Adaptive technologies in public libraries

The Networked Services Policy Task Group talks about adaptive technologies in public libraries

There are 81/2 million disabled people in this country and most will be users of local authority services and will of course pay Council Tax; but many of those services aren’t accessible for disabled people either because of the design of the environment.... or because of the way the service is delivered or the lack of particular equipment or facilities. This is an issue for everyone involved in local authorities, from Council members to front line staff and isn’t just something for social services or the building division.

Part III of the UK Disability Discrimination Act of 1995 has broad implications for public sector service providers. Local authorities will have carried out access audits to ensure that buildings comply with the legislation, but services also have to comply. Universal access to ICT and web-based services, including e- Government, is a fundamental tenet of current Government policy, and this includes removing barriers which prevent disabled people from participating fully in every aspect of society.

The People’s Network has equipped every public library in the UK with computers offering Internet access, email facilities, and a wealth of e-services and online resources. The People’s Network forms part of the Government’s overall strategy for social inclusion, which aims to ensure that no-one is excluded from accessing ICT facilities due to personal or social circumstances. Public sector service providers are taking steps to ensure they comply with disability legislation, but it is worth thinking in terms of helping the wider community - many of whom have special needs when using standard IT equipment.

For example, older people may find a standard keyboard and mouse difficult to use, and may have impaired hearing and/or vision; learners of all ages may have reading difficulties, or a specific learning difficulty, such as dyslexia. When introducing adaptive technologies the ultimate aim is to establish a level playing field for all users and to establish the right mix of technologies which will support local communities. Simple, inexpensive options are available, and they can make a difference. This paper seeks to explore the range of technologies available. and provide examples of what is currently in use in public libraries.

Examples of adaptive technologies

  • Magnification software: enlarges the image on screen (up to 32 times). For people with impaired vision and learning difficulties.
  • Screen reading software: for visually impaired people who rely entirely on speech or braille output to use a computer.
  • Text-to-speech software: enables text to be read back using synthesised speech output.
  • Voice recognition systems: reads back dictated text in synthetic speech. Can be used in conjunction with a scanner and Optical Character Recognition (OCR) software: for people with dyslexia.
  • Text highlighting, spell checkers, word prediction, thesauri and text to speech software: for people with dyslexia.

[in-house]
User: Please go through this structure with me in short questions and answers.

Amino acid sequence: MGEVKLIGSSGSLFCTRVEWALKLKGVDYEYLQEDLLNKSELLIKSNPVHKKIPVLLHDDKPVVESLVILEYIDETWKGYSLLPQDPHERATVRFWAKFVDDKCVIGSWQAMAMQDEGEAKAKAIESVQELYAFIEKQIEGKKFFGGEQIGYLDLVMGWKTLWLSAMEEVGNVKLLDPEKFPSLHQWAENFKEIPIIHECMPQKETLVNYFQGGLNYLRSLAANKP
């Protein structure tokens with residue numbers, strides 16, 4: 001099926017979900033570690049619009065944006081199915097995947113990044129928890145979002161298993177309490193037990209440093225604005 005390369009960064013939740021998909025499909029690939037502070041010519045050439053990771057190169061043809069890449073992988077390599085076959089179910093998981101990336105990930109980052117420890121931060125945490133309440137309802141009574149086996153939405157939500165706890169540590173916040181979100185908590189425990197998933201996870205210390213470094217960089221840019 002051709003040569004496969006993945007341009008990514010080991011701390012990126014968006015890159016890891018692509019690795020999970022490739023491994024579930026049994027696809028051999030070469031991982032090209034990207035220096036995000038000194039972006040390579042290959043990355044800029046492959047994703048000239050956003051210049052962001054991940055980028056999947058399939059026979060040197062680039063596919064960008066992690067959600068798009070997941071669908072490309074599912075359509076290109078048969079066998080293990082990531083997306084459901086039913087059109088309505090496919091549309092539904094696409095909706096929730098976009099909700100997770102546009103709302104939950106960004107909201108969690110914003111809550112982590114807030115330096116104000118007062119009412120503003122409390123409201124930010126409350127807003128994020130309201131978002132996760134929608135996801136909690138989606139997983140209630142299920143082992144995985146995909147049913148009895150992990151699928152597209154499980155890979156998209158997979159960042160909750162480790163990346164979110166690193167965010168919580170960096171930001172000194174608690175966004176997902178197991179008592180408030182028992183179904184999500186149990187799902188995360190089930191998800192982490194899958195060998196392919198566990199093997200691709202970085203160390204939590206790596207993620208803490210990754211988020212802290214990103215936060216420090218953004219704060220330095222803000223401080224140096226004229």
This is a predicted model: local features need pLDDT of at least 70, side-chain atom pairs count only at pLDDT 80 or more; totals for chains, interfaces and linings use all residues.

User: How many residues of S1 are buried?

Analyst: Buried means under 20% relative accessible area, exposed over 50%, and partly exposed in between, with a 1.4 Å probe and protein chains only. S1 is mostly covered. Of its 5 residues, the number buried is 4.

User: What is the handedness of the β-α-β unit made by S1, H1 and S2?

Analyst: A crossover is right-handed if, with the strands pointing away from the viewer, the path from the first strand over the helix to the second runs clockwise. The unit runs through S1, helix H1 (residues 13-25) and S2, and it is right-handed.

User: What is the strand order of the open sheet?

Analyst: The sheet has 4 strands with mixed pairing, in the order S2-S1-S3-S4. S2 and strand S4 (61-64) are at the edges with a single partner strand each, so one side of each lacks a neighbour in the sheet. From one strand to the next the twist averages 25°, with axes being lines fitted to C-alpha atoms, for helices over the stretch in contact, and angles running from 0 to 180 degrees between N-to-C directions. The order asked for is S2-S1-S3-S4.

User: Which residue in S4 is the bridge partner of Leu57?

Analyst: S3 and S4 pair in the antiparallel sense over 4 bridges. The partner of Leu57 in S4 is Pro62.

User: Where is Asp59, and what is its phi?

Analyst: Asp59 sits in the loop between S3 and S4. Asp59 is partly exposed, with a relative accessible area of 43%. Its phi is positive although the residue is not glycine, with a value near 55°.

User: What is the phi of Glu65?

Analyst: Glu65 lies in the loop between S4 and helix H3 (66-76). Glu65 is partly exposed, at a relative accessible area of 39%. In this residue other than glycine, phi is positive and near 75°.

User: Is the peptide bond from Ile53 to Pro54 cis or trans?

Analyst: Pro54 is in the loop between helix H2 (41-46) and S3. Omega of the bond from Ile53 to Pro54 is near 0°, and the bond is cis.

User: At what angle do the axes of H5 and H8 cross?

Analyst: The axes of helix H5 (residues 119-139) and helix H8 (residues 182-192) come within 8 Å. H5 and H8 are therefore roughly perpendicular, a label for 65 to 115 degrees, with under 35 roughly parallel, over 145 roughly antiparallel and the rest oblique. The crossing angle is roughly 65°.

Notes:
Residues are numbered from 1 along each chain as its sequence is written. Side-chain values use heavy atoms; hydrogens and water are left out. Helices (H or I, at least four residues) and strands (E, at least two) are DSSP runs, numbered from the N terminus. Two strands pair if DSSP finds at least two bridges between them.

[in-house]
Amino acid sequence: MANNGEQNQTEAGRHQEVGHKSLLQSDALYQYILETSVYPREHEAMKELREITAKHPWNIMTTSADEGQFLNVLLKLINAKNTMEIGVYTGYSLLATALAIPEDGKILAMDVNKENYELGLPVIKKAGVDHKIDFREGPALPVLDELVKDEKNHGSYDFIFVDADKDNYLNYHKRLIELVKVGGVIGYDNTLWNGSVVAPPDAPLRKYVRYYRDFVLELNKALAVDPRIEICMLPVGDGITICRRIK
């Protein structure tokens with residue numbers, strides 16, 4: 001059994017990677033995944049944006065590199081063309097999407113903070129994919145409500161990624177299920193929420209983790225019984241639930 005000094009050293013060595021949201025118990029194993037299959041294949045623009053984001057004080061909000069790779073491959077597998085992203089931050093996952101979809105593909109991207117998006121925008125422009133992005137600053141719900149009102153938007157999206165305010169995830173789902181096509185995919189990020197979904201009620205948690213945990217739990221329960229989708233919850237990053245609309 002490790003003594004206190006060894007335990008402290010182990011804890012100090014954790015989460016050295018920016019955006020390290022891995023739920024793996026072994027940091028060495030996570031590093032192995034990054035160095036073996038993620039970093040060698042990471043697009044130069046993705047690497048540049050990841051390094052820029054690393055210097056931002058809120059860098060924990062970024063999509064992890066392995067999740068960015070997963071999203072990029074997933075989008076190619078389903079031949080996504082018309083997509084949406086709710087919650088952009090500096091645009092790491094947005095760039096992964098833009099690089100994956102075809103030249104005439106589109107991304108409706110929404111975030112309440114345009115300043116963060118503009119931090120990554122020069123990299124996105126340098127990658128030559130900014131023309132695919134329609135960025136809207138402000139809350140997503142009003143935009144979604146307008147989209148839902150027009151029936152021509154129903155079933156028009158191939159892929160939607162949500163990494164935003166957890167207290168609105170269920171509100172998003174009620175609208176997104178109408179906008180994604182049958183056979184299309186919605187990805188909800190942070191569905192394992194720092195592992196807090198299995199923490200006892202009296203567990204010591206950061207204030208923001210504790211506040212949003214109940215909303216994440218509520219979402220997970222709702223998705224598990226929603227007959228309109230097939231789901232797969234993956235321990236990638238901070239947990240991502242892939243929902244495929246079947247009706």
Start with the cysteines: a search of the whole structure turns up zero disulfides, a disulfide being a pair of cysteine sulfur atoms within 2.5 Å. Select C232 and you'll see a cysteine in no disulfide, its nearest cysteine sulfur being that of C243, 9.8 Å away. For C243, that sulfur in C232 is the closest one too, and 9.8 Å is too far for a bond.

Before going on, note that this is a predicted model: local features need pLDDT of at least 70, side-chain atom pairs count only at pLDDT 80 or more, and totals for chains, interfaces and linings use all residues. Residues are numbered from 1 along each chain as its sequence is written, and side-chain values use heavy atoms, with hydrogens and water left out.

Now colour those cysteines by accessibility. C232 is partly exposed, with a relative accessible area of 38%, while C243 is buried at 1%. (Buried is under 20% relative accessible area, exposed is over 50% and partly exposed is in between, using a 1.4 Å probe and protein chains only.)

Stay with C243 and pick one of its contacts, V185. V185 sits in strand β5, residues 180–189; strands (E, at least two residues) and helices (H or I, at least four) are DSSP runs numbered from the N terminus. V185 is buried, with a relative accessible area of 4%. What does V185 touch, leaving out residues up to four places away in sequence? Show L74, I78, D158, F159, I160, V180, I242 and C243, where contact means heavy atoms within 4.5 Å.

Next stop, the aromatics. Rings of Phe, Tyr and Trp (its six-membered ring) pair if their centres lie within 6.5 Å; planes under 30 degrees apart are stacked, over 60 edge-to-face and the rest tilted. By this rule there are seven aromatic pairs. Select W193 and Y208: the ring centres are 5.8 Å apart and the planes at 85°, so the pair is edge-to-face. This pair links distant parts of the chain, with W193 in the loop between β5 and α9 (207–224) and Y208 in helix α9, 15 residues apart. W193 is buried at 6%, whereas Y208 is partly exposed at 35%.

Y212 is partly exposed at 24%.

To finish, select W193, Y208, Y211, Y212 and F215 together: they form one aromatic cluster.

• Keyboards with big keys and/or coloured keys; ‘Gloves’ (which fit over a standard keyboard and make it easier to strike the required key); keyboard stickers: for visually impaired people, age-related conditions and motor impairment.
  • Mouse alternatives e.g. trackballs, touchpads and joysticks. For anyone who has difficulty using a standard mouse.
  • JAWS (Job Access With Speech) for Windows: for blind and visually impaired people. Used with web browsers, email programs, databases and standard Microsoft applications, plus more sophisticated development tools and advanced software.
  • Kurzweil 3000: a computer-based scanning system for people who are blind, or who have a reading disability or learning difficulties e.g. dyslexia, Attention Deficit Disorder (ADD).

These options are dealt with further below. A comprehensive and authoritative database of accessible technologies can be found on the Techdis website, which is targeted at the higher education community. AbilityNet provide a wealth of information, which includes a range of free and cheap solutions for specific disabilities which are particularly useful and relevant to the public sector.

Considerations prior to ordering equipment

Before purchasing adaptive equipment it is necessary to undertake some preliminary ground work, for example:

  • Consulting local organisations e.g. Local Access groups, social services, schools, charities and voluntary bodies to gather information about disabled and special needs groups within the community.
  • Considering the needs of diverse users, not just the visually impaired. Older people, children, and those with learning difficulties/dyslexia also have special needs.
  • Utilising the free or low-cost options available before acquiring expensive equipment, for example accessibility features on standard Windows applications.
  • Ensuring front-line and supervisory staff receive appropriate training. Disability awareness is desirable for all staff, and support staff require training on specialist software. Staff must be well prepared and confident when supporting people with special needs, and demonstrating new equipment/ software.
  • Choose devices which connect via the Universal Serial Bus (USB) port - they are easy to plug into, and are widely available. Ports located on the front of PCs make plugging in quick and easy.
  • Look at the range of adaptive equipment provided by other library authorities, and discuss your requirements with organisations such as AbilityNet.